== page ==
FWIW, I tried an electric bike. Its main virtue was assist on serious hills, otherwise it added a lot of bulk that was counter productive. Keep in mind that this was an in-hub motor which was a rather bad choice. Perhaps when I get older I will appreciate it more. I'm only sixty-two now.
That's it, or possibly a copy of it.
Reply to
John
The closest I've come to "free energy" was when I fell down a very steep hill and didn't go back up.
Reply to
John
I can't envision what you mean. Sorry. I'd need a picture.
But as an aside, here is a link to a page I did (megawd) back in 1996 or so.
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Even with that picture I can't tell what's going on.
It's part of a book I got in England of strange motorcycle engines. I must find the book again. There were some very unconventional ideas.
Reply to
John
Bare with me, please. Increasing compression is the current approach to gaining efficiency with petrol. Before the better alloys and microprocessors were available, high compression was not cost effective. Breaking parts was common, as was unmanageable heat. Detonation was a terrible problem for ordinary running It is no problem at high RPMs because the speed of burning gas doesn't overwhelm piston speed, but that is not ordinary driving.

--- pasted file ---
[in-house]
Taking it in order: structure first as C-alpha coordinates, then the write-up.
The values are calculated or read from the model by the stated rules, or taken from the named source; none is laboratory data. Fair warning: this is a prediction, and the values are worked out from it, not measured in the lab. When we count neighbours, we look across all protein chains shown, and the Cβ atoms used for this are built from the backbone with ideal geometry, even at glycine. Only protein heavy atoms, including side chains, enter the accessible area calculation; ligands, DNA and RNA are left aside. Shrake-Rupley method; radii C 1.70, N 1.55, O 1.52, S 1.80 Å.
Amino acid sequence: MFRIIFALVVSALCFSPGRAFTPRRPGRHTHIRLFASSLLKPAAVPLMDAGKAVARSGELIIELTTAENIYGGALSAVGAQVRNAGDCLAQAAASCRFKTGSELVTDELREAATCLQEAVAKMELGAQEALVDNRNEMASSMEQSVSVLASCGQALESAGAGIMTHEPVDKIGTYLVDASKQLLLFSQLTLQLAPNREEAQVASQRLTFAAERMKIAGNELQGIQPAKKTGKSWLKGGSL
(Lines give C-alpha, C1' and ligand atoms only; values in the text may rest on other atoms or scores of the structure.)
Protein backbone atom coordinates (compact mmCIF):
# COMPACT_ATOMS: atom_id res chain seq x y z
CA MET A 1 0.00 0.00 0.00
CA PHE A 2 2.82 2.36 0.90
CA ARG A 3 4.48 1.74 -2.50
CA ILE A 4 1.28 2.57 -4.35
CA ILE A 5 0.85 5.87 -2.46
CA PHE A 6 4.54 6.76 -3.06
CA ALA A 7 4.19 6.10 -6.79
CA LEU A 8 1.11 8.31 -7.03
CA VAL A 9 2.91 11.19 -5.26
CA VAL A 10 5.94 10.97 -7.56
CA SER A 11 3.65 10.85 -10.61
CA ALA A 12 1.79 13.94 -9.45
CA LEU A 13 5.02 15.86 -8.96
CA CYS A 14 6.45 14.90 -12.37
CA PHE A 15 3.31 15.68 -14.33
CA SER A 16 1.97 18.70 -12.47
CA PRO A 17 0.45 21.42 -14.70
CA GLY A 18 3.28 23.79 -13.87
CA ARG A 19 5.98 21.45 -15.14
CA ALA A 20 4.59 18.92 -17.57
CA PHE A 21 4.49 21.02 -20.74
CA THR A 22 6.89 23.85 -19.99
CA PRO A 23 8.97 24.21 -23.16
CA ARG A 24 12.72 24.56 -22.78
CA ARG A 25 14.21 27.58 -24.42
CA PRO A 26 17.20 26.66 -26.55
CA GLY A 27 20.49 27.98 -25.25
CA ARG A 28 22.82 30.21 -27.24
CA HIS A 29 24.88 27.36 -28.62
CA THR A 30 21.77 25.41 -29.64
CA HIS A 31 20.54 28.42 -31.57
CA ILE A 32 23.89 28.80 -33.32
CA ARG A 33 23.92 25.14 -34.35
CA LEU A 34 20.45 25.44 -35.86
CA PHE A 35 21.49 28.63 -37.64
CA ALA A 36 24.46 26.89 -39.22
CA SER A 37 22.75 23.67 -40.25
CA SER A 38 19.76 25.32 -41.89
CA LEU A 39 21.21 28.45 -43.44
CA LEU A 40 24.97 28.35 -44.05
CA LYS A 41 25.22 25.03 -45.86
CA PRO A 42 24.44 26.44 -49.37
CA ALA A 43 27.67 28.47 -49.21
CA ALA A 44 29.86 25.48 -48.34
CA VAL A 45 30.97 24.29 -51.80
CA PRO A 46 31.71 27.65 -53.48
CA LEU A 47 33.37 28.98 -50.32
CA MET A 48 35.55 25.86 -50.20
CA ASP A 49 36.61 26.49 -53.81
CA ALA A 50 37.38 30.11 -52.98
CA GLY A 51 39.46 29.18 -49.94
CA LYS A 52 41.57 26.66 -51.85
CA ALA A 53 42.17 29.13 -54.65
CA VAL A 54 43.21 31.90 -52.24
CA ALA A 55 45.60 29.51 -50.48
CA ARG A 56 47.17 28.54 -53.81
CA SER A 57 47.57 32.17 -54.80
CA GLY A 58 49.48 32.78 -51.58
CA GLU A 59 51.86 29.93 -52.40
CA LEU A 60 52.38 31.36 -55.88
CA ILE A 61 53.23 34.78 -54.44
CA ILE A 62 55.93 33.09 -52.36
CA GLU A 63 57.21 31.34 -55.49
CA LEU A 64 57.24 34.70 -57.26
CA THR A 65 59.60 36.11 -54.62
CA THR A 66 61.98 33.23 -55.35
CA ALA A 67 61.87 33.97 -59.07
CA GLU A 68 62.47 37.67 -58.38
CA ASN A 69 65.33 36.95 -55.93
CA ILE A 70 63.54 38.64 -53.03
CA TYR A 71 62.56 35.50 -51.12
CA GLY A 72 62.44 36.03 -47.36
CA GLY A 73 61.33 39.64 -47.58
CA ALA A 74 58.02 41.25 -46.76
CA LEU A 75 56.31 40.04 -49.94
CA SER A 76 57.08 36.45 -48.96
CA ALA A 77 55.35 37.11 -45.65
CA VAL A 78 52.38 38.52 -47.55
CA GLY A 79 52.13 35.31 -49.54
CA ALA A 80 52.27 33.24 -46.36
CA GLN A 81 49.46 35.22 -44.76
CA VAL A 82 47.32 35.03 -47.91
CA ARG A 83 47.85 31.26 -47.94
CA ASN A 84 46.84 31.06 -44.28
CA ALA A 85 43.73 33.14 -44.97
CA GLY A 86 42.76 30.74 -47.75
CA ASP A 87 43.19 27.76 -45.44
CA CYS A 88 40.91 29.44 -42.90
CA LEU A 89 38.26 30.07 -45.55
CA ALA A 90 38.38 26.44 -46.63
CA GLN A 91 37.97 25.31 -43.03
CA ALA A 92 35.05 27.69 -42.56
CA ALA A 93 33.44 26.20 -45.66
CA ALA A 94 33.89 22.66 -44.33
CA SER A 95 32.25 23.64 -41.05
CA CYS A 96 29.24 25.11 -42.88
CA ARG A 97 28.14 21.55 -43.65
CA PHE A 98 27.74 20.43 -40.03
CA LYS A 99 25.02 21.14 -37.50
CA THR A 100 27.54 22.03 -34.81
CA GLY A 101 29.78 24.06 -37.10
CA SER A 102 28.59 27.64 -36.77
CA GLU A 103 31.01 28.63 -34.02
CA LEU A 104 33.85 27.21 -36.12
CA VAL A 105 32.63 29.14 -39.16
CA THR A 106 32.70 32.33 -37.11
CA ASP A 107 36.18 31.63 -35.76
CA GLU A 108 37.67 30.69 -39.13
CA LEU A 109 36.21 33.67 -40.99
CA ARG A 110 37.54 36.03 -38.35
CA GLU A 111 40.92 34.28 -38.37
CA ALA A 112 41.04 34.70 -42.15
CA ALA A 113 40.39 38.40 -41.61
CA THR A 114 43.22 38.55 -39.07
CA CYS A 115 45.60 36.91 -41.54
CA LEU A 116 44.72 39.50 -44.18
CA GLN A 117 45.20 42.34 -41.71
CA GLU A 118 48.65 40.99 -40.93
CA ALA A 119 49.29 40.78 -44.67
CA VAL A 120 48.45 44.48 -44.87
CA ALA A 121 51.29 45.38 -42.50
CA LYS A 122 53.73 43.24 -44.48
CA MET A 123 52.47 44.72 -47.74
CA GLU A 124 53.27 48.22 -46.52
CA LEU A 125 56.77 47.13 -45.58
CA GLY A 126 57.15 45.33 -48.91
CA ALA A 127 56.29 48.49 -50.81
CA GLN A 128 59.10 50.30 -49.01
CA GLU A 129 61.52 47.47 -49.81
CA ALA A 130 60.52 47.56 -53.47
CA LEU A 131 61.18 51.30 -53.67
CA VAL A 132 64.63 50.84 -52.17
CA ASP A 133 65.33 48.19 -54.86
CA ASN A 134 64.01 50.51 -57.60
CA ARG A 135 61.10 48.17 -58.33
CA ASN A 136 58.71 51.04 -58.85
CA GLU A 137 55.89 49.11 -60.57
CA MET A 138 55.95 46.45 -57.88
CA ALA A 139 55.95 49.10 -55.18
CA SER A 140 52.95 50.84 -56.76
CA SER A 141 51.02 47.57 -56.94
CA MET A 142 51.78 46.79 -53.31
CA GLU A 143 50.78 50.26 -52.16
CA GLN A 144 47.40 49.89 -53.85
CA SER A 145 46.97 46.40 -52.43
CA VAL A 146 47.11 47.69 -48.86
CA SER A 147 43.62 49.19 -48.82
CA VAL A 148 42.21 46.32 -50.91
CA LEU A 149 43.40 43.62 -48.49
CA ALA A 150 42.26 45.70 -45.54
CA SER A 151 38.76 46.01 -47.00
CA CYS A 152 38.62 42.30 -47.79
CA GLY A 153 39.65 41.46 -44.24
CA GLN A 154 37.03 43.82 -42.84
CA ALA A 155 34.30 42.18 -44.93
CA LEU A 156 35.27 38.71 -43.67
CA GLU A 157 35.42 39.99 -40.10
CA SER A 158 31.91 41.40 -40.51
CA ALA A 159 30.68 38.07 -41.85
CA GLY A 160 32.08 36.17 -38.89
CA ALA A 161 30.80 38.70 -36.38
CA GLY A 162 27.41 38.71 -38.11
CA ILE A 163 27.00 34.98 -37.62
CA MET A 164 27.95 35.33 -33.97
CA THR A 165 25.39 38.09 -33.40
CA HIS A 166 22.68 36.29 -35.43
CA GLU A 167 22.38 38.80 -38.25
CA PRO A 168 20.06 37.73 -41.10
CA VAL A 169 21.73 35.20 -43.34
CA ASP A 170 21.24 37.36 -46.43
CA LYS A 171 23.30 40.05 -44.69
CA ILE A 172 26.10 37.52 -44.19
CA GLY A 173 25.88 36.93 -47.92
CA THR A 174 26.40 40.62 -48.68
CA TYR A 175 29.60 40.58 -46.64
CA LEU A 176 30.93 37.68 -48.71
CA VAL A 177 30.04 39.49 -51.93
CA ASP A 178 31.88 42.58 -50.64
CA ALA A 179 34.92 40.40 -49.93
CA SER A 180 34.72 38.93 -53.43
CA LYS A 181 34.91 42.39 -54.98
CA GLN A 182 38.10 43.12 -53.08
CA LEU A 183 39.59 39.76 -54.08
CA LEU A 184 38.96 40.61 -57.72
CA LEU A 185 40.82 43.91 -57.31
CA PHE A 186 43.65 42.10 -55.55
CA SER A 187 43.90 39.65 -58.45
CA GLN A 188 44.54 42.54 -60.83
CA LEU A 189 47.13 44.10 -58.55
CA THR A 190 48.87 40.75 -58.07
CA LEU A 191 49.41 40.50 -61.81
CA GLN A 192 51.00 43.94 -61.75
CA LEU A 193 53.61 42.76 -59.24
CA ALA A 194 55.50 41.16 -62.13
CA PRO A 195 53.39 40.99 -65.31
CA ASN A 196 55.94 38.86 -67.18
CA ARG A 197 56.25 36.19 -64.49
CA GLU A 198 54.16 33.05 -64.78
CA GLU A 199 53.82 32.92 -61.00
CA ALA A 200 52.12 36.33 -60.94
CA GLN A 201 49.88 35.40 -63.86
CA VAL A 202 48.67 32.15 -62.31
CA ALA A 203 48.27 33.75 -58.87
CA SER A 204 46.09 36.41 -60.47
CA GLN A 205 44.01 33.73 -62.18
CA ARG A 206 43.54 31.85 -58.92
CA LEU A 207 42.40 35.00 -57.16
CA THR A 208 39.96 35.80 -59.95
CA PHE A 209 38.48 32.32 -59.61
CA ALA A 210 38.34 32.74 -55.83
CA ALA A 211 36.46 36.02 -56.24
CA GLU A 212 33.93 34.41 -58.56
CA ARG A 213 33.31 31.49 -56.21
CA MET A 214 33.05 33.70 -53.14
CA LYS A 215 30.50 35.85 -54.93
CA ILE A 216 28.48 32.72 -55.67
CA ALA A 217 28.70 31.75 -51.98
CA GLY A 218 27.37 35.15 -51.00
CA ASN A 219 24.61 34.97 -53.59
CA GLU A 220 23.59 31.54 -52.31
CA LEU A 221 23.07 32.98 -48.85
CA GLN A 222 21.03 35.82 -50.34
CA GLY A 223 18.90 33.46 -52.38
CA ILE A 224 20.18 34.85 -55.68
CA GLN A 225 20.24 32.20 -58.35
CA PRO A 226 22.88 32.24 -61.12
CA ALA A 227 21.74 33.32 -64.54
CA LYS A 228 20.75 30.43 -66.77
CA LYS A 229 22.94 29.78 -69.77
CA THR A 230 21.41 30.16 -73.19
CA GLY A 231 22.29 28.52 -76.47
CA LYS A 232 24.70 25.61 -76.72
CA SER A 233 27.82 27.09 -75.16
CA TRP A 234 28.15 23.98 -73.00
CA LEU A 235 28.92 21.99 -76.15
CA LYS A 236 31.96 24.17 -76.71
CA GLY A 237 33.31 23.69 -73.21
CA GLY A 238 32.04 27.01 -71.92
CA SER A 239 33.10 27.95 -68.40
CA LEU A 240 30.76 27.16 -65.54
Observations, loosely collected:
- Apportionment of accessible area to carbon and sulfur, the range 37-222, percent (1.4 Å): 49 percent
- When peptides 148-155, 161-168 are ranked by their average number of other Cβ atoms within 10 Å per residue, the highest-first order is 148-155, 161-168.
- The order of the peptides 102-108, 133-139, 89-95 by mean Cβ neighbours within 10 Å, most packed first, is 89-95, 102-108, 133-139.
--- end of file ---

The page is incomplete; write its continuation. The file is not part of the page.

12:1 (volume compression) is now manageable. Consider that the maximum compression ratio for this discussion. Now, I cannot understand what it means to get full compression within half the length of the cylinder. Mathematically it does not work out. Ratios. See where I was in thinking?
Reply to
John
Ah, I found the other strange engine page thanks to some kind soul who archived stuff way back when.
See this one:
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stranger than strange
I'll try to recover the bad images.
Reply to
John
The pistons are driven (somehow) by the complex "torque tube" arrangement coming out to the driving gear. Concentric crankshfts.
Looks like it would generate all sorts of torque, and be really problematic.
Both are pretty cool, nevertheless. Thanks!
David A. Smith
Reply to
dlzc
Dear John:
I am talking about a fundamental alteration of the geometry (along the lines of yoru weird engines, no doubt). Not that it would be practical, but that it would "potentially" improve the energy you get from each power stroke, because "precise timing" would be less important.